Few who chose the Confederate side owned, or had ever owned, a slave. Yet many notable Unionists in St. Louis did own slaves, and some continued to do so throughout the war. James O. Broadhead, Union Provost Marshal, is quoted as having said, “every damned abolitionist ought to be hanged.” General U. S. Grant’s wife was a slave-owner.
A number of people who otherwise were in favor of slavery believed even more strongly that the Union should be preserved. Their counterparts believed that states had the right to secede. It’s been said that the difference before and after the War is that before we said, “the United States are,” and after we said, “the United States is.” For a huge number of people at this time patriotic allegiance was to their individual state, not to the nation as a whole.
Then, almost unique to Missouri, was the role the Federal government played in pushing people to the Confederate side. Absalom Grimes, who later, as he put it, “became very enthusiastic in the Rebel cause,” spend the early secessionist days of 1861 sitting it out in neutrality, expecting that the secessionist fuss would blow over in a few weeks. He and fellow river pilots, Sam Clemens (later Mark Twain) and Sam Bowen were pushed toward the Confederate side when Union General John B. Gray tried to impress them into service ferrying Union troops. All three went on to join an irregular Confederate unit in north-east Missouri. In later years Mark Twain would say he quit river piloting because the war ended that occupation. No, he could have continued piloting but he would not do so for the Union. Yet Mark Twain was later known for his anti-slavery views and friendship with General/President Grant.He also didn’t like getting shot at and the pilot’s house on a steamboat was the easiest target.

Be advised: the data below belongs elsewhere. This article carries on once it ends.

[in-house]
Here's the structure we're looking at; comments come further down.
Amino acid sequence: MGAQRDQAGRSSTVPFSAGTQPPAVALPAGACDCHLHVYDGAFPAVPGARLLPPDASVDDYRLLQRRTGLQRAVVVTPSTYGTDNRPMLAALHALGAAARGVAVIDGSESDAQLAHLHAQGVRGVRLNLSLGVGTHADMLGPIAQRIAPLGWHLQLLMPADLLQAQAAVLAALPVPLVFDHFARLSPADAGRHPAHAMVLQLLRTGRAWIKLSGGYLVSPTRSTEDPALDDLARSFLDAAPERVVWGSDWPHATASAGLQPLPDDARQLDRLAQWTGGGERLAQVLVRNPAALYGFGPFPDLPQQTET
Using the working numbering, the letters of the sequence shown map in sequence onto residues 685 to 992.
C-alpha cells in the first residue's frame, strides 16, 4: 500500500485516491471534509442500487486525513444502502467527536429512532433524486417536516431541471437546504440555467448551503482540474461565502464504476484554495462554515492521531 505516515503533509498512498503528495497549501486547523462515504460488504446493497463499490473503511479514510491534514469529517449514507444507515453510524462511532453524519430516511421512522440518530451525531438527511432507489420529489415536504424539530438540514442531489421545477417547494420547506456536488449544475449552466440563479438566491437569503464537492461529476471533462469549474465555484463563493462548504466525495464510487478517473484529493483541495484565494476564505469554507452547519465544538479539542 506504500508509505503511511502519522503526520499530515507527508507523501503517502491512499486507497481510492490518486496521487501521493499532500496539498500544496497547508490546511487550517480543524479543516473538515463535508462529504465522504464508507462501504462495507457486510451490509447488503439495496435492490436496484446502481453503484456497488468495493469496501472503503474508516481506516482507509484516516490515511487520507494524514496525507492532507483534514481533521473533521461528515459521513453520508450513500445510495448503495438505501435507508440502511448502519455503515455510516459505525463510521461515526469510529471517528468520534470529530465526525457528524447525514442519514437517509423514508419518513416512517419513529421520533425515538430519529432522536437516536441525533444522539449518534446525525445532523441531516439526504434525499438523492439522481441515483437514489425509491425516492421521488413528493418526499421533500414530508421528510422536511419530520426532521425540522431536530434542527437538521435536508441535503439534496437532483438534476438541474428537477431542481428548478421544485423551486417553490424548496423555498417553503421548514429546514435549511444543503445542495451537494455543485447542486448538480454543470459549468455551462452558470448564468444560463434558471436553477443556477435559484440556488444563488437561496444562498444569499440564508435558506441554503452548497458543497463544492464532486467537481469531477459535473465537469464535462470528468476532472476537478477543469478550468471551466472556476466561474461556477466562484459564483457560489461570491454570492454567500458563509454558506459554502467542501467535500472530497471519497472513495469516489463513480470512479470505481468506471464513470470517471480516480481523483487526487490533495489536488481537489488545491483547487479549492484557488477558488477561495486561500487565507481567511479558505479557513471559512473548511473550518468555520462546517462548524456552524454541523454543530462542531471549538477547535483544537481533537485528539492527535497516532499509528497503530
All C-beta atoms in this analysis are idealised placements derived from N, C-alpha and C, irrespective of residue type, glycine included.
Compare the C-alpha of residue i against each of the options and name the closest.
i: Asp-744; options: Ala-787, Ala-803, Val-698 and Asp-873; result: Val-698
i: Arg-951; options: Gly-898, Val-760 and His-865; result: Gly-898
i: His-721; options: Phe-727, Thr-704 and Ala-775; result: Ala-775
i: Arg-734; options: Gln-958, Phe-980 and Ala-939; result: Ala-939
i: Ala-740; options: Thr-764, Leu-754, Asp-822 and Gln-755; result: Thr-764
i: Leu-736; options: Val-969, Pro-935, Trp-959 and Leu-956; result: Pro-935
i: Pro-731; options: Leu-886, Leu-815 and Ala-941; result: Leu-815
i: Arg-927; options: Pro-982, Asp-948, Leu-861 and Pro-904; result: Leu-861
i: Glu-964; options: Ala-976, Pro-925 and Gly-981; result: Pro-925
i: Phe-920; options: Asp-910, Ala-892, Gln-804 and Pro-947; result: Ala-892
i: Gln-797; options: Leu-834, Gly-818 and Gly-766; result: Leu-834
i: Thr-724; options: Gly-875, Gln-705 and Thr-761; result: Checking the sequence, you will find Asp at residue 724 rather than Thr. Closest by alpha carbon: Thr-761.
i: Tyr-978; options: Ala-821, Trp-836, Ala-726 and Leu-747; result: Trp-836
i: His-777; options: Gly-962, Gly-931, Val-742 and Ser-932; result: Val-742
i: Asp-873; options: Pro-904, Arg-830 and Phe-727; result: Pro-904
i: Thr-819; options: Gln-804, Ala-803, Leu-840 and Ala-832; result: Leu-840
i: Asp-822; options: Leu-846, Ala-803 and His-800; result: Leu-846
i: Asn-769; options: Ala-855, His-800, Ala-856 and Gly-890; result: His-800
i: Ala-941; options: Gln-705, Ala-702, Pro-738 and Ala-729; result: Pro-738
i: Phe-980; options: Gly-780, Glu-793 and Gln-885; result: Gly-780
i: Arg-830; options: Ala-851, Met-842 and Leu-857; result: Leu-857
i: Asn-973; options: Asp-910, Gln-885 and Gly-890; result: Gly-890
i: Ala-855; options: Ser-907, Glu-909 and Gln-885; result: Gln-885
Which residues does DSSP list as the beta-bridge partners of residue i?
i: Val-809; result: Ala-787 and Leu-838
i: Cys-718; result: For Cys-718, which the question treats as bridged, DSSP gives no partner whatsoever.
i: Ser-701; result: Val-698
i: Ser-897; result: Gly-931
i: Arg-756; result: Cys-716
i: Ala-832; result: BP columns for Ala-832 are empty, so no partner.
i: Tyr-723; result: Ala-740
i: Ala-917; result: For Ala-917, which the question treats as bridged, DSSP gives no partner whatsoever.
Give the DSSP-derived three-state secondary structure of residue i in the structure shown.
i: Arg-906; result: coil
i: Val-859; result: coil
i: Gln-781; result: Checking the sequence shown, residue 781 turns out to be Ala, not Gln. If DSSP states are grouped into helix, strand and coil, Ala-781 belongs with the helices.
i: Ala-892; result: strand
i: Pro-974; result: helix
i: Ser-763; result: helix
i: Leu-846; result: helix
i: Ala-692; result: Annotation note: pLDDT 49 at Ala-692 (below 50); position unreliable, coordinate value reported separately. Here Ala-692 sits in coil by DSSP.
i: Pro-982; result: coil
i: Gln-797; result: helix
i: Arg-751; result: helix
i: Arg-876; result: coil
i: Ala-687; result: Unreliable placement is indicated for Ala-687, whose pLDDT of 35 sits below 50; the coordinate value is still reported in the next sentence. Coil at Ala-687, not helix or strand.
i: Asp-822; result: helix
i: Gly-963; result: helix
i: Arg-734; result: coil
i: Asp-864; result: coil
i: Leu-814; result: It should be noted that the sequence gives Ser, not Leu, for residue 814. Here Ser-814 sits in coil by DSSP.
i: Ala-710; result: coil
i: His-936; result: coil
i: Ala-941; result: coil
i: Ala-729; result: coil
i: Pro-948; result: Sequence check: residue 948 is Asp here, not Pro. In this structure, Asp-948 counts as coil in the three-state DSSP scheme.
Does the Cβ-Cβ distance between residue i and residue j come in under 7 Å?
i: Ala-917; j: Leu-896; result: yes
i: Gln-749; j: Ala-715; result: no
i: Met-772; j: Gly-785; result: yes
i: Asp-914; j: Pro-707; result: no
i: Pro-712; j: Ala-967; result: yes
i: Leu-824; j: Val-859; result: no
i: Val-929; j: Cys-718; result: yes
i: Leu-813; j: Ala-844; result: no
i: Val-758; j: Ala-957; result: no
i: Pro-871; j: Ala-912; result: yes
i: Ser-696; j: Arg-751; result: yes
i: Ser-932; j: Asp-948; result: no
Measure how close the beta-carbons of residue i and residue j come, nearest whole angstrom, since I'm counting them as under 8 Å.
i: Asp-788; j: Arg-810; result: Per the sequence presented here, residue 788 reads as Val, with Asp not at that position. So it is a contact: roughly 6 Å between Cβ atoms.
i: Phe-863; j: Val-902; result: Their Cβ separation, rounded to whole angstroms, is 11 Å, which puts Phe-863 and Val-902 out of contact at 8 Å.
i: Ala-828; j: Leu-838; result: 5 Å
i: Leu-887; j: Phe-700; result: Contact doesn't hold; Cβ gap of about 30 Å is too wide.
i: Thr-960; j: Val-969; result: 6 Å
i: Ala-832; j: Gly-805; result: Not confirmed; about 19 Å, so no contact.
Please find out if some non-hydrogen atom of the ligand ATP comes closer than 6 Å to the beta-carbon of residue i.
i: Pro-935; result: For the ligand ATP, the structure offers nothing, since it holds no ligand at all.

Union General John Charles Fremont, and his successors, and martial law undoubtedly account for a number of people choosing the Confederate side. Missouri was under martial law throughout the war. The repression, and violations of Constitutional rights, was extreme. People were arrested and imprisoned without charges, sometimes just on the word of another claiming they had made “treasonable comments,” or for “hurrahing Jeff Davis.” Newspapers were censored and their editors arrested for printing any but approved material. Families of Confederates were targeted and treated abominably. Property was confiscated and women and small children were forced into exile. Due process of law vanished.
For a number of St. Louis business people, and their counterparts further north, the Mississippi River was the critical transportation route to the sea. If the river was cut in half by the formation of a new country, their lifeline was cut off.
Another factor in ‘choosing sides’ I must include is simply a youthful, rebellious spirit. Frontiersmen and pioneers tend toward a greater sense of independence and certainly have no fondness for taking orders from Eastern city people. Couple this with the general tendency of young men toward adventure and the Confederacy’s battle for independence must have seemed an exciting mirror to their own parent’s trek into the frontier and their grandparents’ and great-grandparents’ struggle against the British in the Revolutionary War.
©2001 D. H. Rule